One of Duvall's treasures he says it means as much to him as the Oscar he won for Tender Mercies is a framed letter from Marlon Brando, who'd seen Duvall die in a particular way in a Western, and was impressed enough that he tried the same approach in a movie of his own. In the letter, he confesses to Duvall that he couldn't pull it off.

Younger audiences, especially those who know Brando only from his later movies, have trouble sometimes grasping what Brando meant to actors and to acting in the 1950s.

"I think he was kind of like a a revolutionary example," Duvall says. "He presented a certain kind of realism that was very startling. You'd never seen it before. I mean, he was willing to do nothing."

Like listening convincingly, doing nothing on a stage or on-screen in an interesting way can be incredibly challenging.

"Some people say, 'Do you have any theories on acting?' And I say, well maybe: I think you can start with zero and end with zero," Duvall says. "You don't have to go anywhere, you don't have to go for the result. And I think Brando kind of showed that to people as a young actor. And then he got jaded and didn't like acting, and people went after him and criticized him, but when you really looked at his work, it was really startling to see what he could do in a realistic way."

'Always Looking For What's Out There'

Duvall would eventually work with Brando, of course in The Godfather, and in Apocalypse Now, where his Lt. Col. Bill Kilgore gave us that deathless line about the smell of napalm in the morning and he anchored the TV miniseries of Larry McMurtry's Lonesome Dove. That epic tale of the American West, in which he played the philosopher cowboy Gus McCrae, is the project he mentions when he's asked what work sums him up best.

"Yeah," Duvall says, confessing that McCrae is still his favorite part. "When I walked into the dressing room one day, I said, 'Boys, we're making the Godfather of Westerns.' "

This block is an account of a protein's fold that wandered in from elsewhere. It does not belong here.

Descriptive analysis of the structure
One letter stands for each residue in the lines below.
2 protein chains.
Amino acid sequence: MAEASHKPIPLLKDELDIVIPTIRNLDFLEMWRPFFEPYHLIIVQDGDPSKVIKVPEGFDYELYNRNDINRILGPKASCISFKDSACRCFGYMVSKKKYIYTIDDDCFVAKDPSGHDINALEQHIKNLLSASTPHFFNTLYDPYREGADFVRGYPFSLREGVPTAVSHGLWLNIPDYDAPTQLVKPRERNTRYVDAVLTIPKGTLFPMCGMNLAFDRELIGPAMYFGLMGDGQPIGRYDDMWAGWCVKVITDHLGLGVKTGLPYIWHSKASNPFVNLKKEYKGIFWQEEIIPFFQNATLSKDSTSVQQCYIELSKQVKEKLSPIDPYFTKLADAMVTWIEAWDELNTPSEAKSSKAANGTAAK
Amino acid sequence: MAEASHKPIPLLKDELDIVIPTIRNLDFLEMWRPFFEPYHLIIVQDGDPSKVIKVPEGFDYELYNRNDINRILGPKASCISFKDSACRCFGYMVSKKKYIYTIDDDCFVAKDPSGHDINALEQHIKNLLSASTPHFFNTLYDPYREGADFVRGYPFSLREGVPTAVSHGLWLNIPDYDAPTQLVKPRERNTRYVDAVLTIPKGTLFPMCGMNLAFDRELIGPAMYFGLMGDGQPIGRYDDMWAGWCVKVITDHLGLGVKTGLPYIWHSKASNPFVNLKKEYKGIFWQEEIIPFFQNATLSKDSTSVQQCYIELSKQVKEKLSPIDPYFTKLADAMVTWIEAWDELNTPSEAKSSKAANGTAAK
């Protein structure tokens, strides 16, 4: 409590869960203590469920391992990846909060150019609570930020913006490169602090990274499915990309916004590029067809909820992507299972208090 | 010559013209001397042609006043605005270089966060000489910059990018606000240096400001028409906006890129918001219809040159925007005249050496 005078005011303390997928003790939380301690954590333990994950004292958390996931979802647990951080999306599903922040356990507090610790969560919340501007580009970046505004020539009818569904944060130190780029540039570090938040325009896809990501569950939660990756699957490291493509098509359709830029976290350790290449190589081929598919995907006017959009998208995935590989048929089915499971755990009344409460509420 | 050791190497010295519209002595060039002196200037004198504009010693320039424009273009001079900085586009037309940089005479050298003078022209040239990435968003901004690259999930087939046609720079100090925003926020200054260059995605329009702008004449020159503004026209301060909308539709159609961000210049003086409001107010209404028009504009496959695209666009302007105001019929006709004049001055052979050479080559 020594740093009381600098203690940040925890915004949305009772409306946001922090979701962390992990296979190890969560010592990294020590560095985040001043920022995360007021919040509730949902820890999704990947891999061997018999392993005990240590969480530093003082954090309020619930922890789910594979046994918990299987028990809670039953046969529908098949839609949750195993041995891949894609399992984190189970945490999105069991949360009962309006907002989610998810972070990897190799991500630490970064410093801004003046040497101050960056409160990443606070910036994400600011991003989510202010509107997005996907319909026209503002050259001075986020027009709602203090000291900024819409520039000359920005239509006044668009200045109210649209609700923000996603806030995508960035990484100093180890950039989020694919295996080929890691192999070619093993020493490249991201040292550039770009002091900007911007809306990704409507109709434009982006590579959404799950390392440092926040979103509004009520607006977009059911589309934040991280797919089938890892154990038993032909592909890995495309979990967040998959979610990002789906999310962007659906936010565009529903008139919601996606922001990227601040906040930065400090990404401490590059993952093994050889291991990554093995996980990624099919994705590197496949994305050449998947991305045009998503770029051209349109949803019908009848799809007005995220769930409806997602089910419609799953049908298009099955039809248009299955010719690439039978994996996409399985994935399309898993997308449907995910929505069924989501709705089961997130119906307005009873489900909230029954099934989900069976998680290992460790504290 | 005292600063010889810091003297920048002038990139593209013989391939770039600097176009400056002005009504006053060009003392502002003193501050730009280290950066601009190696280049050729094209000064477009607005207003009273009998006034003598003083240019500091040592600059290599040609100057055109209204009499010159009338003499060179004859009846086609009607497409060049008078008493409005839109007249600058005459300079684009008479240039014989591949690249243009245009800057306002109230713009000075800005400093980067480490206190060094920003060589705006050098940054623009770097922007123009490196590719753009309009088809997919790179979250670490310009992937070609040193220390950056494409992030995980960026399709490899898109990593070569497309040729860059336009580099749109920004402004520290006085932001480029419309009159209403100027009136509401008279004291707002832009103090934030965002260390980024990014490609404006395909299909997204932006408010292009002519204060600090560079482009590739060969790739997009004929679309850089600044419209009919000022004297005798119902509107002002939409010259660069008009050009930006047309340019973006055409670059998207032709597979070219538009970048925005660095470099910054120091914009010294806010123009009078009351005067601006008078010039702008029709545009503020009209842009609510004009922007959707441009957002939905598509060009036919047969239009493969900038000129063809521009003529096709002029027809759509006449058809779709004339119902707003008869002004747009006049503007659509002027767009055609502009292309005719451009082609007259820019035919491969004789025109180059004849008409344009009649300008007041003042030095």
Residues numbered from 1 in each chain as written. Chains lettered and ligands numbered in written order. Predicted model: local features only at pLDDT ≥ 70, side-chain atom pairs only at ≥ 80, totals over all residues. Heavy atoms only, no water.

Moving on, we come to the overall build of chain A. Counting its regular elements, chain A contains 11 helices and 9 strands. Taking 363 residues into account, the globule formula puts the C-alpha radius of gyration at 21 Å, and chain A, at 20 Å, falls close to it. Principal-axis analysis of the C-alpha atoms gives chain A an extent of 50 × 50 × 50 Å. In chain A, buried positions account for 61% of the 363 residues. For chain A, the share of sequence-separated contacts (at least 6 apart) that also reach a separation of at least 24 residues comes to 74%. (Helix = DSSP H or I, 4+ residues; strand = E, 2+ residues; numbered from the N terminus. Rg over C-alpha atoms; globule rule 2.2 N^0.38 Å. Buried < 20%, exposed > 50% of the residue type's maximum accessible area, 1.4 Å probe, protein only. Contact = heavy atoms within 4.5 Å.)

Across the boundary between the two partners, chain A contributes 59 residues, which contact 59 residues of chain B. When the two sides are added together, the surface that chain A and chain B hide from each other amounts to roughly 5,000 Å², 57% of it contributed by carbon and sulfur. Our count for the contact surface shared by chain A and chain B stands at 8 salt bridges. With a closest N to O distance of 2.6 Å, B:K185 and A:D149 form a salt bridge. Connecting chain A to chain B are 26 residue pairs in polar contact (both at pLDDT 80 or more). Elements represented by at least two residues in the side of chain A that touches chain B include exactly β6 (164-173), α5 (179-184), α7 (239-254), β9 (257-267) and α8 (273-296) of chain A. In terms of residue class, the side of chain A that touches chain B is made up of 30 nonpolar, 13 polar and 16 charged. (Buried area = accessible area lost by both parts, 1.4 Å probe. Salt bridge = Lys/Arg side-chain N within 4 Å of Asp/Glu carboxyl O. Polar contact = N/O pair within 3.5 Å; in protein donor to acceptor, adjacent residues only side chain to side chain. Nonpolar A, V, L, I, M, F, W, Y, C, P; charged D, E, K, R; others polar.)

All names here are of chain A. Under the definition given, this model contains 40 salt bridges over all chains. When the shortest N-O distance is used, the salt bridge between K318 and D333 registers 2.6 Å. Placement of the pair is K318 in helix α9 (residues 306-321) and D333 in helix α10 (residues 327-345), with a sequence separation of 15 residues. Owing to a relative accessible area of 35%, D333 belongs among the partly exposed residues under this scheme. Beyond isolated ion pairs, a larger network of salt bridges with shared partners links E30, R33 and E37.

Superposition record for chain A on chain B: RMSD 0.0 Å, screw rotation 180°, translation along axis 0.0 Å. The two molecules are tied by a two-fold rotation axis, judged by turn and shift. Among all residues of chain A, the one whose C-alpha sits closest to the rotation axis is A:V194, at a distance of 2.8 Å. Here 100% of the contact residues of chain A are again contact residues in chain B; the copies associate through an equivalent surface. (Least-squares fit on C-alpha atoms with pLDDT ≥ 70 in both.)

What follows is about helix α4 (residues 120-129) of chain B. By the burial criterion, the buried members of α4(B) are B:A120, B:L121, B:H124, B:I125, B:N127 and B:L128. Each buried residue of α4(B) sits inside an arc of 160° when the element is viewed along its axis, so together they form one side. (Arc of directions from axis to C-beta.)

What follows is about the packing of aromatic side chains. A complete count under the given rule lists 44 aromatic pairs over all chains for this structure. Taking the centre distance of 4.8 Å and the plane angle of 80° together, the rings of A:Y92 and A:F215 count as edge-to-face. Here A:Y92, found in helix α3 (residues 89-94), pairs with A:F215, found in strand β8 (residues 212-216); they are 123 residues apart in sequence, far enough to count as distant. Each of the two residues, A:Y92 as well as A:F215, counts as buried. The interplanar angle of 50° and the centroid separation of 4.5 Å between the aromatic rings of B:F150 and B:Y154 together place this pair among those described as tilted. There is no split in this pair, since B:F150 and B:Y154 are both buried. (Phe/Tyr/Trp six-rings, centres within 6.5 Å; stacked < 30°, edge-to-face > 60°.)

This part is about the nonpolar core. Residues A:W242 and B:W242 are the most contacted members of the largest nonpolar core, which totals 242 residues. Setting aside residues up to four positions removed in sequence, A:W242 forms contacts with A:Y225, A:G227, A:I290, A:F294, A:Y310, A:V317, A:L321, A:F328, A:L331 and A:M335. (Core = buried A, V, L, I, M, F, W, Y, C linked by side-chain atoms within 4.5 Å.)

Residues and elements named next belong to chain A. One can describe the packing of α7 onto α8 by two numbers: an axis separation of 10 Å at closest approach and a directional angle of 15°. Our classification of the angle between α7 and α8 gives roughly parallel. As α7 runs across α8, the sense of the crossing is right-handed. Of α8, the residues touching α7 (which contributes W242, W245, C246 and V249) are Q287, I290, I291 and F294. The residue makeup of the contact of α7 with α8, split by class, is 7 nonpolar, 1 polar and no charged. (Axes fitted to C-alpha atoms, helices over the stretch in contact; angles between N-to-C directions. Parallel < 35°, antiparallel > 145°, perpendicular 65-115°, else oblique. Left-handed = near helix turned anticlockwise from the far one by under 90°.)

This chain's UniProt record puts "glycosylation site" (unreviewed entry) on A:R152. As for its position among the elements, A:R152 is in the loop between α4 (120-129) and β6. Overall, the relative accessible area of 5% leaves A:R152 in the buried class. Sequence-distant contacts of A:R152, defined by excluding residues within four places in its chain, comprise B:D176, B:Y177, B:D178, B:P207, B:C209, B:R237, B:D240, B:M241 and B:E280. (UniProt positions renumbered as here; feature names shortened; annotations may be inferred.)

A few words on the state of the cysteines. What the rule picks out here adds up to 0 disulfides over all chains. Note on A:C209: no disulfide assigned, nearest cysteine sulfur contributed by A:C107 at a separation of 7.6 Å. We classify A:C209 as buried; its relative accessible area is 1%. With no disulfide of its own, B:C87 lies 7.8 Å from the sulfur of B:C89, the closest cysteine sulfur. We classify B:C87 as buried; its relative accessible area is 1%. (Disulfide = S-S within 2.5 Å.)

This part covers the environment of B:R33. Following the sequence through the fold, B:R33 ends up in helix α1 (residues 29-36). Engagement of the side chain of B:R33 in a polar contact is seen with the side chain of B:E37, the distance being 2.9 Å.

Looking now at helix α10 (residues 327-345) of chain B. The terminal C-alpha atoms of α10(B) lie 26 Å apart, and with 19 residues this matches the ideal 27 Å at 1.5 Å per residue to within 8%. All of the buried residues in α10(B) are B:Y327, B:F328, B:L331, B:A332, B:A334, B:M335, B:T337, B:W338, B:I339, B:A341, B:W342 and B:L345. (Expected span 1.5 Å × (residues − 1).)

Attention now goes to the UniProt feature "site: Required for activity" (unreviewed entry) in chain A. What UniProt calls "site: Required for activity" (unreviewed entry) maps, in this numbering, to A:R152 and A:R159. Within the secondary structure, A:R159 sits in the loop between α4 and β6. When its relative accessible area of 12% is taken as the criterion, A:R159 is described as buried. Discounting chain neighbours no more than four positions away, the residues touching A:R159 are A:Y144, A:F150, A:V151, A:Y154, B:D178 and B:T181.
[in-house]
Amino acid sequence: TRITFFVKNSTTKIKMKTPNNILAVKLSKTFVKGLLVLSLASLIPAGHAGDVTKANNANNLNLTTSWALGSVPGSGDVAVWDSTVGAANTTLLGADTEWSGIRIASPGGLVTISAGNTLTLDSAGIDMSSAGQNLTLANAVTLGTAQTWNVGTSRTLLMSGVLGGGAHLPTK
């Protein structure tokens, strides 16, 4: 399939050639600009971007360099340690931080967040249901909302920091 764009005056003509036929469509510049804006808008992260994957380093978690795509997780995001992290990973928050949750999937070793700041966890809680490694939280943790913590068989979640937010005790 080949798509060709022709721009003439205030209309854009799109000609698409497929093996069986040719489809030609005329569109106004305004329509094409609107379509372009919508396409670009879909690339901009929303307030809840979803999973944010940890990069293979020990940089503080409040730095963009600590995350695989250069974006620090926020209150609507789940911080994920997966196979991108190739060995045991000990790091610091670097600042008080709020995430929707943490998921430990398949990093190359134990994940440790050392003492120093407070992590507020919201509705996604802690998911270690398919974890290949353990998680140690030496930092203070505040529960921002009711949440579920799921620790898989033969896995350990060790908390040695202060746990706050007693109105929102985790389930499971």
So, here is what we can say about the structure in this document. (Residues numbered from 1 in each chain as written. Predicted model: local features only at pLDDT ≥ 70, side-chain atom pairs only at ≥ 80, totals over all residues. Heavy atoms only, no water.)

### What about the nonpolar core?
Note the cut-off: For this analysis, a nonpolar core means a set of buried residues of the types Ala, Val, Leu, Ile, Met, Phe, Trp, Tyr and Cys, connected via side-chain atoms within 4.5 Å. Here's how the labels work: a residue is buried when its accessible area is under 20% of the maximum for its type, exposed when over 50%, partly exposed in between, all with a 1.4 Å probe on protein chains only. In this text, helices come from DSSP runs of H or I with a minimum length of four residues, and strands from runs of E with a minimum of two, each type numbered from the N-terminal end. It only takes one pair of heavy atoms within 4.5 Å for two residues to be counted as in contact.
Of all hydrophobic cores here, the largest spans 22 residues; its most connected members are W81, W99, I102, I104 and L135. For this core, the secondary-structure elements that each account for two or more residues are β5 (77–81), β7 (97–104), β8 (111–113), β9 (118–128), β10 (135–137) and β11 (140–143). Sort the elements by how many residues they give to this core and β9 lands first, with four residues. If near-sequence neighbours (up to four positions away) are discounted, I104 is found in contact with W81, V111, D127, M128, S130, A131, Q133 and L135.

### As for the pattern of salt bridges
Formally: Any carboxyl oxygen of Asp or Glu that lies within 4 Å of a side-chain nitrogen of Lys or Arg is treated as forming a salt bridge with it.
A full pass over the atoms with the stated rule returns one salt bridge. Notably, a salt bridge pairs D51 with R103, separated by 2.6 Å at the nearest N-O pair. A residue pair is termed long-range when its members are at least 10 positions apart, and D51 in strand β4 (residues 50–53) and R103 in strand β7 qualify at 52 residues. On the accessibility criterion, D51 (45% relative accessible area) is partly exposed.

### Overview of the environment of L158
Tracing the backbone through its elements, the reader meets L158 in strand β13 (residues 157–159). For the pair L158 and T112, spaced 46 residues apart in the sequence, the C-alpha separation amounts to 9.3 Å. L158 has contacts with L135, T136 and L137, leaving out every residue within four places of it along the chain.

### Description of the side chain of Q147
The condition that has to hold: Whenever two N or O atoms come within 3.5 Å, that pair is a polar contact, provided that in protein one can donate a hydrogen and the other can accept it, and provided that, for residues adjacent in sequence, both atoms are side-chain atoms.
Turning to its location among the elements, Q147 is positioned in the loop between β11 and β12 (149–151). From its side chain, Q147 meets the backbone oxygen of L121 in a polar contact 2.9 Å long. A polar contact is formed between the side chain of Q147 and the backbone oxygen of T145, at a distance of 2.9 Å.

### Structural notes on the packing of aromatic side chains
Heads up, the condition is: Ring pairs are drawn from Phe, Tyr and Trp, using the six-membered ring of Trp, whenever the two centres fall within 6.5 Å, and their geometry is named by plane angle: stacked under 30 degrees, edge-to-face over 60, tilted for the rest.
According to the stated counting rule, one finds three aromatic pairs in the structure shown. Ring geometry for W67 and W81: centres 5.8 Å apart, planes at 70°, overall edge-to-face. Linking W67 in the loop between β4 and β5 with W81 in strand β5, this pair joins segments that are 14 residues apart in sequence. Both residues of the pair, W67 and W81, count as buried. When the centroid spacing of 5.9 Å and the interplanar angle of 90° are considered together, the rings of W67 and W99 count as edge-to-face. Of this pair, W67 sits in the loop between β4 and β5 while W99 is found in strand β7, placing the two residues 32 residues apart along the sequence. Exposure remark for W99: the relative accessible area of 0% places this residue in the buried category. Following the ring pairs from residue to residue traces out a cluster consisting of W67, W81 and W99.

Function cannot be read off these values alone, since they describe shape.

Some actors, having made both The Godfather and "the Godfather of Westerns," might retire quietly to a horse farm and practice the tango. Duvall is famously passionate about both but he remains deeply engaged with his career. Ask him what he still wants to do, and this is what he'll tell you: "I don't know, do it till they wipe the drool?"

"I mean, I've got a few things I want to do," he says, "things ... that are just as challenging and as exciting, or more so, than 20 years ago. But it's very difficult to raise money nowadays, unless you're a big big star. ... Right now there's a wonderful script on the Hatfields and the McCoys, which is really like American Shakespeare. It's a brilliant, brilliant script."

And there's another project, sufficiently unlike that feuding-frontier-clan story to underscore how diverse Duvall's career has always been: "They want me to play Don Quixote de la Mancha."

"I said to Sanford Meisner at the Neighborhood Playhouse way back, 'I always want to think of myself in the potential,' " Duvall remembers. "What's next? I can always grow a little bit, and try to do something different. So I'm always looking for what's out there the potential."

--- NPR, June 1, 2010